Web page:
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Former team owner Gian Carlo Minardi is concerned that Formula One hasn't yet fully woken up to the ongoing global economic crisis.
With the first of the 2013 launches just hours away, the founder of the team that all F1 fans had a soft spot for, and which is now owned by Red Bull's Dietrich Mateschitz, warns that Marussia's decision to part company with Timo Glock and the fact that several seats have still to be filled, indicates a return to the bad times.
"We're going back to the '90s, when the grid was composed by eighteen squads, mostly private, who had to integrate their budget by choosing rich drivers," he said.
"The impossibility to get enough money through sponsorship forces a team to choose those drivers who can either rely on the support of multinational companies or on the support of countries which use sport to promote their own products and tourism," he continued, "their choice is not based on the sport's meritocracy.
"The teams' financial situation won't get better, as the reintroduction of the turbo engine in 2014 will further increase costs," he warned.
Despite the various moves to reduce costs, the Resource Restriction Agreement (RRA), the ban on in-season testing, the strict limits on engines and gearboxes, Minardi, who talks from bitter experience, fears that lessons have not been learned. "Strengths have shifted from one side to the other," he says. "Private testing restriction has forced teams to concentrate their resources on new sectors, such as virtual simulation. Moreover, top teams can rely on an in-house team which supports the technicians in managing the race.
"To reduce costs, it should be necessary to have less sophisticated cars, reduce the employment of electronics and aerodynamics and set rules which will help the development of material and technology to be applied on the series production.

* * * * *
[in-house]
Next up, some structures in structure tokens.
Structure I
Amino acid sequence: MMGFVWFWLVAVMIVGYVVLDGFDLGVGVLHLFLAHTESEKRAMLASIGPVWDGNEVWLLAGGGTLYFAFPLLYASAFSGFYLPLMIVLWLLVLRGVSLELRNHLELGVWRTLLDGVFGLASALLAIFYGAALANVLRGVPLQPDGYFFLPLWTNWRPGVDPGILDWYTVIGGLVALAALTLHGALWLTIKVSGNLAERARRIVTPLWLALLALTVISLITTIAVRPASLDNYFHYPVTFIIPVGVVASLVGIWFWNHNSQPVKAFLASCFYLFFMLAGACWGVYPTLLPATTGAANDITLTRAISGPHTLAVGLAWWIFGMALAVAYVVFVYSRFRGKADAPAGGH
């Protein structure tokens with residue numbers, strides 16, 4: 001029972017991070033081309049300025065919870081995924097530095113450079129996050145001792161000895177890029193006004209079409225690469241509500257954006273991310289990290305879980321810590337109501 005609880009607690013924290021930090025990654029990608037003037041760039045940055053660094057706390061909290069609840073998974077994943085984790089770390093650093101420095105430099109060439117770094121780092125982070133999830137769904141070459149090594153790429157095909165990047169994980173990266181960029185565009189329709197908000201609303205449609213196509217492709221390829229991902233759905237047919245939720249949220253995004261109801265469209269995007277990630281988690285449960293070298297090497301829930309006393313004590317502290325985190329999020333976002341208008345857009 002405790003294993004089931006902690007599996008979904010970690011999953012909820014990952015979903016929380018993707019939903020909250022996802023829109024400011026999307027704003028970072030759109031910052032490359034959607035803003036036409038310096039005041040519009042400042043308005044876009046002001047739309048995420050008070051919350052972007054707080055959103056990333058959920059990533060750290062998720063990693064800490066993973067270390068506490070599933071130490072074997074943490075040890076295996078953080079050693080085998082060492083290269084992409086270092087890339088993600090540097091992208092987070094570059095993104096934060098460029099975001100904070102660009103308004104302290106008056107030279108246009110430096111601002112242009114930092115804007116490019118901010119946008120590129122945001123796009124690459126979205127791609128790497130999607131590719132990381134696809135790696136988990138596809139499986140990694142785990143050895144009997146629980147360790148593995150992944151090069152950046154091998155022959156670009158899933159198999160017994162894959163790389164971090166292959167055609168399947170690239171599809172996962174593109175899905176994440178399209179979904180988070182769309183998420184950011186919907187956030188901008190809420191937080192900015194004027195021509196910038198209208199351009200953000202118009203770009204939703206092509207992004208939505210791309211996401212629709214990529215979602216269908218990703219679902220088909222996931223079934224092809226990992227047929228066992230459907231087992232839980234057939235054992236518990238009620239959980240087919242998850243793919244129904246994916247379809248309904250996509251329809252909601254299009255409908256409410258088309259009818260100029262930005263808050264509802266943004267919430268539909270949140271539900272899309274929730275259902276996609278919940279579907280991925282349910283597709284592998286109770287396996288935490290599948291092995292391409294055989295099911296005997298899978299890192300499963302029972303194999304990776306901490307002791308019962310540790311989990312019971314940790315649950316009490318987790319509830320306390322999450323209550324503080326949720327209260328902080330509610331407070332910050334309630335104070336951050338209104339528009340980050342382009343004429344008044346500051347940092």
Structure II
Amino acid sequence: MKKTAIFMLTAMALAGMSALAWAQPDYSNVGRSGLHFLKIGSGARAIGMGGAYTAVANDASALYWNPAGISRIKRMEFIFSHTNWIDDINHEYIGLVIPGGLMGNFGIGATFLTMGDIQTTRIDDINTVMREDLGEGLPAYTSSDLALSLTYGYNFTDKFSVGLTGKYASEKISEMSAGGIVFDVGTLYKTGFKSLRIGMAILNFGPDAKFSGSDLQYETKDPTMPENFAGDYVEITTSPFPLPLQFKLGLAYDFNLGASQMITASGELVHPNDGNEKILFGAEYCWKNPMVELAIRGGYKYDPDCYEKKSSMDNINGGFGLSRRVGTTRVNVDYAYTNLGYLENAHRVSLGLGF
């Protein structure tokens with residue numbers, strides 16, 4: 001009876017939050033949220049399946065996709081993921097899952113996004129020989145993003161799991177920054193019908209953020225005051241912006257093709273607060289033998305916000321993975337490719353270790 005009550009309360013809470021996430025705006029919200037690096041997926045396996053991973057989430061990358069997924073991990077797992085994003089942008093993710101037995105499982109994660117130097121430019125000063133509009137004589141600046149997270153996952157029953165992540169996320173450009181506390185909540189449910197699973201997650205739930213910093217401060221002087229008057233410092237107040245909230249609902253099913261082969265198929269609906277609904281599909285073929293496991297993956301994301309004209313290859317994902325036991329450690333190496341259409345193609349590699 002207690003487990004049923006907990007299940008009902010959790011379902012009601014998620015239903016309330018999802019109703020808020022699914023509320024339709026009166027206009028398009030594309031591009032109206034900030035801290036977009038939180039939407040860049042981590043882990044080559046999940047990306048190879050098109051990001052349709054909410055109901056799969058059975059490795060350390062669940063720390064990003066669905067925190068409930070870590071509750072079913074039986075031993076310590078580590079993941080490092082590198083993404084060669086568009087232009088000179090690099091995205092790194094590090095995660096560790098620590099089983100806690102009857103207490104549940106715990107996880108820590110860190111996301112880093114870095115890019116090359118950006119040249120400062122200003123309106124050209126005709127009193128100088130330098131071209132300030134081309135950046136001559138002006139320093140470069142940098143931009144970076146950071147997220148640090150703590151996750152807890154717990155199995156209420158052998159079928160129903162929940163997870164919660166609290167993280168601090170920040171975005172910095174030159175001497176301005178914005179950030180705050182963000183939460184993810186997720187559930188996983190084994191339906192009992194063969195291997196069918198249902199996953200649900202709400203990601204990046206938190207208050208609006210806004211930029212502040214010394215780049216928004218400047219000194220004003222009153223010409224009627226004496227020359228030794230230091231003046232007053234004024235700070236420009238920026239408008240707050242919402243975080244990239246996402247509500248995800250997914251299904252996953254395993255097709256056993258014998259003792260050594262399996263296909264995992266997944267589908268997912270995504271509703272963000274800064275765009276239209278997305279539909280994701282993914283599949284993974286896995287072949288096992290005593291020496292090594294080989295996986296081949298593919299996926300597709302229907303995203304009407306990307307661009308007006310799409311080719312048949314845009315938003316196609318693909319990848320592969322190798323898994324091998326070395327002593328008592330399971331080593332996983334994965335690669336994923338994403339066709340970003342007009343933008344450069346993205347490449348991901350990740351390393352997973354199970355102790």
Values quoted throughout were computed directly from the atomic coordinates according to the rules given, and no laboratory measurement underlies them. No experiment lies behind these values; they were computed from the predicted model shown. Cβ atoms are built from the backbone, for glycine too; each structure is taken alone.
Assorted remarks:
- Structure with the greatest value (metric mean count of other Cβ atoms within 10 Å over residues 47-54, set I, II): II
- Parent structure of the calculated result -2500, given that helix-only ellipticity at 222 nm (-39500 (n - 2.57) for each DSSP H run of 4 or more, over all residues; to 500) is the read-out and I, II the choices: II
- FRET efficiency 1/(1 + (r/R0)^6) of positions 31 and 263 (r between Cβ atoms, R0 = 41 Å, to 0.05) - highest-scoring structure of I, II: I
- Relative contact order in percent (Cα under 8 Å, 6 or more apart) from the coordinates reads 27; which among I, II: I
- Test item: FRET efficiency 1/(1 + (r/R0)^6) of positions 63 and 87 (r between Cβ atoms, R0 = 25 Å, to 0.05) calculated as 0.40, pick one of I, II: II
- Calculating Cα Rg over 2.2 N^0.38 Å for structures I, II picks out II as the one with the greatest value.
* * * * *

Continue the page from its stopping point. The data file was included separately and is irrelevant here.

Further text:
"I can hardly understand how costs can be kept under control," he admitted. "Racing has always been one of the most expensive sports. Since a long time ago, all the drivers who made it into F1 could rely on the support of their family and important companies. It's hard to see a driver pushing forward with his own resources.
"The revolution FIA is carrying on now is aiming at reducing the number of categories in order to make the talent identification process easier. In the past, we had only few categories: F1, F2 and F3. In F2 there were 4 or 5 constructors and more engine suppliers. That was the right way to emphasize talent.
"We must have the courage to make some steps backwards, even if it's not easy," he said. "The CSAI (Commissione Sportiva Automobilistica Italiana) has made a hard decision," he continued, referring to the authority's decision to cancel the Formula 3 championship in order to focus on Formula Abarth, "suspend the Italian Formula 3 Championship with the aim of collaborating with the FIA to achieve a change."
Looking elsewhere, he continued: "GP2, GP3 and WSR teams have many vacancies. The fact that successful teams haven't completed their line-ups yet, sounds like an alarm bell.
"Furthermore, there is another particular circumstance that should be taken under control: many parents are either buying or becoming part of racing teams to assist their sons' professional development. No doubt this means certainty to some teams, but, if results don't come, they could give up. That is what happened when car companies got into F1. As soon as the crisis started to affect the world of car racing, car companies left the scene, causing problems for the entire system."
As we said, the words of a man who talks from bitter experience, the man who brought Fernando Alonso to F1, and before him the likes of Jarno Trulli, Giancarlo Fisichella, Alessandro Zanardi and Alessandro Nannini.
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